Welcome to DCD.com!
ABOUT DCD    THE MAGAZINE    D4COST    CONTACT    HOME
Welcome to DCD.com!
ISSUE ARCHIVE     CURRENT ISSUE     CASE STUDIES   

 Current Issue
 Click here to
 read the issue.
Click Here To Access The DCD Archives™
Subscriber Login

Content/Departments
   Current Issue
   Issue Archive
   Specifiers Spotlights
   Building Products Revue
   TradeWinds
   Technical Articles
   Insights
   Case Studies
   DCD Sq. Ft. Cost Guides

   Cost Trends


Advertising
   Media Kit

Subscriptions
   Free Subscription
   Subscribe
   DCD E-News Subscription

D4COST Software


Subscribe to Design Cost Data Magazine!


  Lancaster Mennonite School, Ag Tech Facility, pAGE 48Lancaster Mennonite School, Ag Tech Facility
ARCHITECT
CORNERSTONE DESIGN-ARCHITECTS
320 Granite Run Drive, Lancaster, PA 17604
www.cornerstonedesign.com


Location: 
Lancaster, Pennsylvania
Total Square Feet: 17,578
Construction Period: May 2004 to Sep 2004

CONSTRUCTION TEAM
STRUCTURAL ENGINEER: Providence Engineering Corp. - 117 S. West End Avenue, Lancaster, PA 17603
GENERAL CONTRACTOR: Paul Risk Associates, Inc. - 11 W. State Street, Quarryville, PA 17566
CIVIL ENGINEER: Derck & Edson Associates, LLP - 33 South Broad Street, Lititz, PA 17543
COST ESTIMATOR: Paul Risk Associates, Inc. - 11 W. State Street, Quarryville, PA 17566


Cornerstone Design-Architects has been privileged to be involved with numerous projects at a Central Pennsylvania private school, Lancaster Mennonite School. The latest project presented numerous challenges beginning with a decision whether to renovate and expand the Agricultural/Technology Facility in its existing location or relocate to another campus site.

The existing 1940's building is tucked behind the classroom and administration building that wraps to the west and south. The north side is limited by an existing dormitory building. The east side is restricted by the flood plain line of an adjacent stream. On top of all of those limitations, the entire site was in the conservation district for the local municipality and required a special exception.

A few schematic design possibilities were developed to show potential expansion of the Ag/Tech Center. Two basic decisions needed to be made. First, was the existing building even worth renovating? Secondly, could adequate expansion be shoe-horned into the restricted site? After discussing pros and cons, it was decided that Cornerstone could adequately meet the programming needs.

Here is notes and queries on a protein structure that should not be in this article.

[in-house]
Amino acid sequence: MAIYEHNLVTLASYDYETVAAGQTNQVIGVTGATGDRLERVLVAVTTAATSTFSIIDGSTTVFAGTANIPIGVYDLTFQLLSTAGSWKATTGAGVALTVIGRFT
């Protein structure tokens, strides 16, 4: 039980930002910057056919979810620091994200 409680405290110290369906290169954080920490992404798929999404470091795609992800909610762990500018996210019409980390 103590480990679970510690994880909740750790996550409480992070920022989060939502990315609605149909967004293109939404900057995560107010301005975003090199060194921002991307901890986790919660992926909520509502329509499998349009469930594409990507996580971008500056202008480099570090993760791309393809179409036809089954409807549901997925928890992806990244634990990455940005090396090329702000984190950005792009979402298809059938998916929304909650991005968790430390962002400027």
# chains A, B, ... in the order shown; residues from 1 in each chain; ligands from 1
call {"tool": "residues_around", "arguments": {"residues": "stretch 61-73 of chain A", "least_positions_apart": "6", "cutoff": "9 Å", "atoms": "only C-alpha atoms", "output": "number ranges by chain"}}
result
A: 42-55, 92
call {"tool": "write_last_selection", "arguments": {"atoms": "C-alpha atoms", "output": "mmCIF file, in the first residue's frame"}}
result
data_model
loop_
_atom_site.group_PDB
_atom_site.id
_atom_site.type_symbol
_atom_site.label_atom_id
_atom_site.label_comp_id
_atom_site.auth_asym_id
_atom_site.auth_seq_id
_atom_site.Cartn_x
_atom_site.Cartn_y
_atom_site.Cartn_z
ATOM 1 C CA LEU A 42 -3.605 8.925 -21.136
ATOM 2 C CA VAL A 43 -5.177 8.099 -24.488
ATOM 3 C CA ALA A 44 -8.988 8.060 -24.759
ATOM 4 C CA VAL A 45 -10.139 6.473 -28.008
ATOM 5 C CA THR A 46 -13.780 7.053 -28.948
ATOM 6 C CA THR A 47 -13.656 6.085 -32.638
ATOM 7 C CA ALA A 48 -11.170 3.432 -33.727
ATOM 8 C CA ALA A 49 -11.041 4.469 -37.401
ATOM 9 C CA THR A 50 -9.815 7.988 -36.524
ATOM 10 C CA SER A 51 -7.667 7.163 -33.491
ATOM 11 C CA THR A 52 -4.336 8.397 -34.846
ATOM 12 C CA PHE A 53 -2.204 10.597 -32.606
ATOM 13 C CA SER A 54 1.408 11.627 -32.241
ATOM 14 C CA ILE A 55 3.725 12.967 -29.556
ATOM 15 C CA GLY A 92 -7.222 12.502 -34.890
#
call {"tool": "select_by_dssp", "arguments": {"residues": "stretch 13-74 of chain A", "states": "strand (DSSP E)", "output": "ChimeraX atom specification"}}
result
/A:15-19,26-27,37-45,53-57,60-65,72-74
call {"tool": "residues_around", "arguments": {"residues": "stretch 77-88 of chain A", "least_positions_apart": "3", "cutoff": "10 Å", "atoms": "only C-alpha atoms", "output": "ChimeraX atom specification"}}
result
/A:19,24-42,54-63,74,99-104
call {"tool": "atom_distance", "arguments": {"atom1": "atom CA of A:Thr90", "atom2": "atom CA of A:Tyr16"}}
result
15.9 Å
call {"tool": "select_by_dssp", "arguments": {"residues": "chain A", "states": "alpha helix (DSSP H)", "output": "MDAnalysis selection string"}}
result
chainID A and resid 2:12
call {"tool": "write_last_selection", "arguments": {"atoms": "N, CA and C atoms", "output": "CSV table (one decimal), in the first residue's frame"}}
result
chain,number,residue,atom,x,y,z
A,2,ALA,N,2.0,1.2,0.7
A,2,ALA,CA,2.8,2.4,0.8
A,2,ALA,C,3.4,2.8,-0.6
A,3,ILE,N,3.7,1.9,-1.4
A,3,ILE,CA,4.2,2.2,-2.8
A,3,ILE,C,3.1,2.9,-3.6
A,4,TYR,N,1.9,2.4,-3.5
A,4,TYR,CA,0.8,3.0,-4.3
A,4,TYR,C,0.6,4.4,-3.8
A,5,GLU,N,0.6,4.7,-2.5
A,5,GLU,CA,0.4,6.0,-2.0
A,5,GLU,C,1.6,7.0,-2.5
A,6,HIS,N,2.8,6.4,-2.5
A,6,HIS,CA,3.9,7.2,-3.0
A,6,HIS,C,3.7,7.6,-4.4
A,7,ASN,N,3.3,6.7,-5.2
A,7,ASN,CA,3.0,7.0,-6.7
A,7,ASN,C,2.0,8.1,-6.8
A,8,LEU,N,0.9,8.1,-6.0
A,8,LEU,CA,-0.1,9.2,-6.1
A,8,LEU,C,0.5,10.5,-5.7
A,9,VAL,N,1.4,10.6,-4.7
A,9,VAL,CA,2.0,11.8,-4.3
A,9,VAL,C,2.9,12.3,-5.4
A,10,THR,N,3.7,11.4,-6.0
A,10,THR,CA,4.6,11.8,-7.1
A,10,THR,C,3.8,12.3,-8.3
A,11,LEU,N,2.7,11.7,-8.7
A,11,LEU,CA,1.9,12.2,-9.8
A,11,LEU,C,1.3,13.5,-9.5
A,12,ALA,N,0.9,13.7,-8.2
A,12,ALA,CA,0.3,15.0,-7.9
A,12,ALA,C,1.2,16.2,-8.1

Since the available site for development was primarily to the west, coming close to the existing classroom wing, and to the north, adjacent to the dormitory, the architect had to be cognizant of proper wall ratings and separation distances. Furthermore, the west wall of the addition would be close to a projected entry and adjacent spaces in the classroom building. A long sweeping curved wall was designed that enables a close covered entry point between the buildings, yet allows both visual and physical relief for the pedestrian.

Since the use of the building includes drafting and construction technology education, there was interest from the faculty and administration in using energy efficient building systems. A concrete form masonry unit which utilized a split face CMU for the exterior face and a colored block for the interior face was selected. The system has the benefits of a cavity wall design, but in a labor saving single wythe product. The combination of the rigid insulation and cast-in-place reinforced concrete creates a good "U" value system, which also is an excellent barrier against air infiltration.

The method for buying construction services was a modified bridging approach. After Cornerstone had completed schematic design plans and computer modeled views, five general contractors were interviewed and made presentations to the school. Proposals were solicited from MEP subcontractors as well, with selections made by the school for each trade.

After design development drawings were completed, three contractors were given the opportunity to prepare a guaranteed maximum price proposal, and were required to use the MEP subcontractors selected. In final decision making, scheduling was what won the day, although cost was a close second. The contractor was then part of the team meetings as the construction documents were developed and were the keeper of the budget.

Paul Risk Associates was the only contractor to commit to the partial occupancy, as well as promised to deliver the completed project at the end of September 2004. They successfully performed to this schedule. Partial occupancy near the beginning of the Fall term was achieved, which enabled the school to continue using parts of their building throughout the construction period when school was in session.

Making modifications to a 60-plus year old structure is always a challenge. This project overcame many of the obstacles to renovate the existing facility, give it new life and construct an addition. The team delivered a highly functional, aesthetically attractive and cutting edge Ag/Tech Facility in a timely and cost effective manner.

MANUFACTURERS/SUPPLIERS
DIV 03:
Concrete Form Masonry Unit: Pentstar.
DIV 07: EPDM Roofing: Carlisle SynTec.
DIV 08: Windows: Andersen Windows; Metal Doors & Frames: CECO; Locks: Schlage; Closers: Yale; Panic Hardware: Von Duprin; Wood Doors: Mohawk.
DIV 09: VCT: Armstrong; Carpet: Mannington.


©2012 Copyright DC&D Technologies, Inc. All rights reserved. Email: webmaster@dcd.com